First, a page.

29. Lee WJ, Cha ES, Bang YJ, Hsu C-Y, Chang S-S. Suicide deaths among diagnostic medical radiation workers in South Korea, 1996–2017. Occup Environ Med. (2020) 77:675–80. doi: 10.1136/oemed-2020-106446
31. WebMD. Nurses Are Dying From Suicide at Higher Rates. Available online at: https://www.webmd.com/lung/news/20210414/nurses-are-dying-from-suicide-at-higher-rates (accessed November 20, 2021).
33. Mihailescu M, Neiterman E. A scoping review of the literature on the current mental health status of physicians and physicians-in-training in North America. BMC Public Health. (2019) 19:1363. doi: 10.1186/s12889-019-7661-9
34. Dyrbye LN, West CP, Satele D, Boone S, Tan L, Sloan J, et al. Burnout among US medical students, residents, and early career physicians relative to the general US population. Acad Med. (2014) 89:443–51. doi: 10.1097/ACM.0000000000000134
35. CDC. Healthcare Workers: Work Stress & Mental Health. Washington, DC: NIOSH (2021). Available online at: https://www.cdc.gov/niosh/topics/healthcare/workstress.html (accessed November 20, 2021).
38. Greenberg N, Weston D, Hall C, Caulfield T, Williamson V, Fong K. Mental health of staff working in intensive care during COVID-19. Occup Med (Lond). (2021) 71:62–7. doi: 10.1101/2020.11.03.20208322
39. Substance Abuse in Health Care Professionals. Available online at: https://www.hazeldenbettyford.org/education/bcr/addiction-research/health-care-professionals-substance-abuse-ru-615 (accessed November 21, 2021).
42. Lee SM, Kang WS, Cho A-R, Kim T, Park JK. Psychological impact of the 2015 MERS outbreak on hospital workers and quarantined hemodialysis patients. Compr Psychiatry. (2018) 87:123–7. doi: 10.1016/j.comppsych.2018.10.003
43. DeLucia J, Bitter C, Fitzgerald J, Greenberg M, Dalwari P, Buchanan P. Prevalence of post-traumatic stress disorder in emergency physicians in the United States. West J Emerg Med. (2019) 20:740–6. doi: 10.5811/westjem.2019.7.42671
45. Jahan I, Ullah I, Griffiths MD, Mamun MA. COVID-19 suicide and its causative factors among the healthcare professionals: case study evidence from press reports. Perspect Psychiatr Care. (2021) 57:1707–11. doi: 10.1111/ppc.12739
46. Sahimi HMS, Mohd Daud TI, Chan LF, Shah SA, Rahman FHA, Nik Jaafar NR. Depression and suicidal ideation in a sample of Malaysian healthcare workers: a preliminary study during the COVID-19 pandemic. Front Psychiatry. (2021) 12:658174. doi: 10.3389/fpsyt.2021.658174
47. Mamun MA, Akter T, Zohra F, Sakib N, Bhuiyan AKMI, Banik PC, et al. Prevalence and risk factors of COVID-19 suicidal behavior in Bangladeshi population: are healthcare professionals at greater risk? Heliyon. (2020) 6:e05259. doi: 10.1016/j.heliyon.2020.e05259
49. Anderson P. Doctors' Suicide Rate Highest of Any Profession. Available online at: https://www.webmd.com/mental-health/news/20180508/doctors-suicide-rate-highest-of-any-profession (accessed November 21, 2021).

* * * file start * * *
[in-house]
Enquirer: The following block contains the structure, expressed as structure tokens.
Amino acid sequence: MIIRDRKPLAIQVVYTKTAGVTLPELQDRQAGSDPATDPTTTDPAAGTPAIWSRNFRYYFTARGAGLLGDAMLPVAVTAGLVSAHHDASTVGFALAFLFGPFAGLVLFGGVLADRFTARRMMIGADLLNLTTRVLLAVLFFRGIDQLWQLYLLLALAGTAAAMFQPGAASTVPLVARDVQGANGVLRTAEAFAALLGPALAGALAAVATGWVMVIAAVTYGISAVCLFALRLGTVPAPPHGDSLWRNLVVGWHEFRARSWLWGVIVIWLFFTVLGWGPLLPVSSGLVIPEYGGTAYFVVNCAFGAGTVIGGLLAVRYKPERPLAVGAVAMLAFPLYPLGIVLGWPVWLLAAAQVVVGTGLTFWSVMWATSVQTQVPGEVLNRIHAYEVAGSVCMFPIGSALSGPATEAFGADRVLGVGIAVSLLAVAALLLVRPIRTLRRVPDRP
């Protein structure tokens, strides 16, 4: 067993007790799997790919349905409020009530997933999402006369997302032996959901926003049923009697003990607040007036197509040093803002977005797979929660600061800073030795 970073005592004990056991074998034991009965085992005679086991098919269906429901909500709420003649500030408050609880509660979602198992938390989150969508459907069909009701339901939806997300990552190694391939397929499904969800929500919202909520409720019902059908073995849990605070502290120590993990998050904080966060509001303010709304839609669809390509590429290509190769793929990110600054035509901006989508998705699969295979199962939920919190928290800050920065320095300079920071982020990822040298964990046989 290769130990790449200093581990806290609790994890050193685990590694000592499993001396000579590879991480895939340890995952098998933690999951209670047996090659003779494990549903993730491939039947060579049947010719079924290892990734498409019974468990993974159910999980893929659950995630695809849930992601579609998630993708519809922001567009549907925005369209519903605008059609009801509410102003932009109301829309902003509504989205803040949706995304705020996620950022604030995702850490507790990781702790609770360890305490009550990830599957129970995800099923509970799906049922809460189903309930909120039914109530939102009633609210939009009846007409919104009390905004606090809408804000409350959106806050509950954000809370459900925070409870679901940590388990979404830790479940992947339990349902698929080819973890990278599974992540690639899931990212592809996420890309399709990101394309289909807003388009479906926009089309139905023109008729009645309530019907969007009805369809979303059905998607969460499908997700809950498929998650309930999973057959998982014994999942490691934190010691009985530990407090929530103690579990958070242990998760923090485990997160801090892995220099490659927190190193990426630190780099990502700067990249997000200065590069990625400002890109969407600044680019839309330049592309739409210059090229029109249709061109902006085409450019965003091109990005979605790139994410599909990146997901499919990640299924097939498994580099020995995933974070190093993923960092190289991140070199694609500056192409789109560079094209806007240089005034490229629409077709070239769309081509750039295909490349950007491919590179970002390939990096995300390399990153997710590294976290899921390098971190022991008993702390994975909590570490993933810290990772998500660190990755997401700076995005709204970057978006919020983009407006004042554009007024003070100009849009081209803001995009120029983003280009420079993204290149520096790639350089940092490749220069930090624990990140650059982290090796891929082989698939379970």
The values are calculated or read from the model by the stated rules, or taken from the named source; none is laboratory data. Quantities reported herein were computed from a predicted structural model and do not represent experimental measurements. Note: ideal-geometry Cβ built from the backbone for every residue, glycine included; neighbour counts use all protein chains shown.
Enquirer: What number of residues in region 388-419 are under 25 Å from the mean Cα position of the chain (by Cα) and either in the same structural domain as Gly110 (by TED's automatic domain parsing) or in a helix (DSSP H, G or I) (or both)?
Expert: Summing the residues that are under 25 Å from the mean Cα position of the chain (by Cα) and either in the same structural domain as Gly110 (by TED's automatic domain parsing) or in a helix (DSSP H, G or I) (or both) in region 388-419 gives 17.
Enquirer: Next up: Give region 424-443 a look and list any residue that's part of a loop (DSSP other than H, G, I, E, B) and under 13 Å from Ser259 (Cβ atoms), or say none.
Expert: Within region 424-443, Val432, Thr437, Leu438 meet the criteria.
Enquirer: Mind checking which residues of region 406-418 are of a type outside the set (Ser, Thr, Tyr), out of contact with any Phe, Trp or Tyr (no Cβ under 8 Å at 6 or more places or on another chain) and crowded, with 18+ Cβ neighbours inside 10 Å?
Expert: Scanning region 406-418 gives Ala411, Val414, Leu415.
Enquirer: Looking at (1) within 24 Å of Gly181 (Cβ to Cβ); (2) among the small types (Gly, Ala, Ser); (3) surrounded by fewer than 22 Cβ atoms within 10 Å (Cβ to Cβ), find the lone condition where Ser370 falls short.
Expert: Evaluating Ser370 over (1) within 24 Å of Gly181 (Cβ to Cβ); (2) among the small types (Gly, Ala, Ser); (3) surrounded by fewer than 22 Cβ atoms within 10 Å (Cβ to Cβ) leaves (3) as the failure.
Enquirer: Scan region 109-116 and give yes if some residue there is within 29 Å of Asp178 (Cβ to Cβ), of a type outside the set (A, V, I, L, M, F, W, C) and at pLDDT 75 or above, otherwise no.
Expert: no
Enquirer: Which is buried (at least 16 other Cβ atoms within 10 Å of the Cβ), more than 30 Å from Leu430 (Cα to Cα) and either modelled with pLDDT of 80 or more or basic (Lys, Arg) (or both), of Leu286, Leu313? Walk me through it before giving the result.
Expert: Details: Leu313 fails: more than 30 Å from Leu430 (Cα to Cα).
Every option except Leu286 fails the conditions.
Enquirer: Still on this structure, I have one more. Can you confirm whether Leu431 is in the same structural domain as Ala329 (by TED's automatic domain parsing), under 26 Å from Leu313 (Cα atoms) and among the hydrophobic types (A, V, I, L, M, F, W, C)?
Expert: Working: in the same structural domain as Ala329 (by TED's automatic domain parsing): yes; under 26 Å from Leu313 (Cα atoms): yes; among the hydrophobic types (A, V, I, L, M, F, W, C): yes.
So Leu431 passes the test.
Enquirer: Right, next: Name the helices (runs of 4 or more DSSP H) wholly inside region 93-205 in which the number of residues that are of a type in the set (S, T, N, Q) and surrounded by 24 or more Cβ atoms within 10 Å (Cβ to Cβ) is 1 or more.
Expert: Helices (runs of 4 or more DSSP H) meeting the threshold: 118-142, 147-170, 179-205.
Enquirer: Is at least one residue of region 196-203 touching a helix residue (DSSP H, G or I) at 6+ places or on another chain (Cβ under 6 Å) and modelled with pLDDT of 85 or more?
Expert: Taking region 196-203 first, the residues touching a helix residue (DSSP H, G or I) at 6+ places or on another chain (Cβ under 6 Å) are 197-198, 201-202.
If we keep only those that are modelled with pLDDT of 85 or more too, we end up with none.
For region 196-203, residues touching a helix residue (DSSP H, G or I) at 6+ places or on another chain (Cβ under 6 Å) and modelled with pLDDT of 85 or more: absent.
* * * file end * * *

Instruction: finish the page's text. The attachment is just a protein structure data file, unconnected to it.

50. WHO. Mental Health and Substance Use. Available online at: https://www.who.int/teams/mental-health-and-substance-use/promotion-prevention/gender-and-women-s-mental-health (accessed November 21, 2021).
51. Gold KJ, Andrew LB, Goldman EB, Schwenk TL. 'I would never want to have a mental health diagnosis on my record': a survey of female physicians on mental health diagnosis, treatment, and reporting. Gen Hosp Psychiatry. (2016) 43:51–7. doi: 10.1016/j.genhosppsych.2016.09.004
55. Addiction Center. Addiction in Medical Professionals. Available online at: https://www.addictioncenter.com/addiction/medical-professionals/ (accessed November 21, 2021).
56. Nurses Face Higher-Than-Average Suicide Risk (2020). Available online at: https://www.medpagetoday.com/nursing/nursing/84920 (accessed November 21, 2021).
Keywords: COVID-19, healthcare workers, suicide, depression, anxiety, burnout, post-traumatic stress, substance abuse
Citation: Awan S, Diwan MN, Aamir A, Allahuddin Z, Irfan M, Carano A, Vellante F, Ventriglio A, Fornaro M, Valchera A, Pettorruso M, Martinotti G, Di Giannantonio M, Ullah I and De Berardis D (2022) Suicide in Healthcare Workers: Determinants, Challenges, and the Impact of COVID-19. Front. Psychiatry 12:792925. doi: 10.3389/fpsyt.2021.792925
Received: 11 October 2021; Accepted: 21 December 2021;
Published: 03 February 2022.
Edited by:Gábor Gazdag, Jahn Ferenc Dél-Pesti Kórház és Rendelointézet, Hungary
Reviewed by:Camilla Gesi, ASST Fatebenefratelli Sacco, Italy
Copyright © 2022 Awan, Diwan, Aamir, Allahuddin, Irfan, Carano, Vellante, Ventriglio, Fornaro, Valchera, Pettorruso, Martinotti, Di Giannantonio, Ullah and De Berardis. This is an open-access article distributed under the terms of the Creative Commons Attribution License (CC BY). The use, distribution or reproduction in other forums is permitted, provided the original author(s) and the copyright owner(s) are credited and that the original publication in this journal is cited, in accordance with accepted academic practice. No use, distribution or reproduction is permitted which does not comply with these terms.
*Correspondence: Domenico De Berardis, firstname.lastname@example.org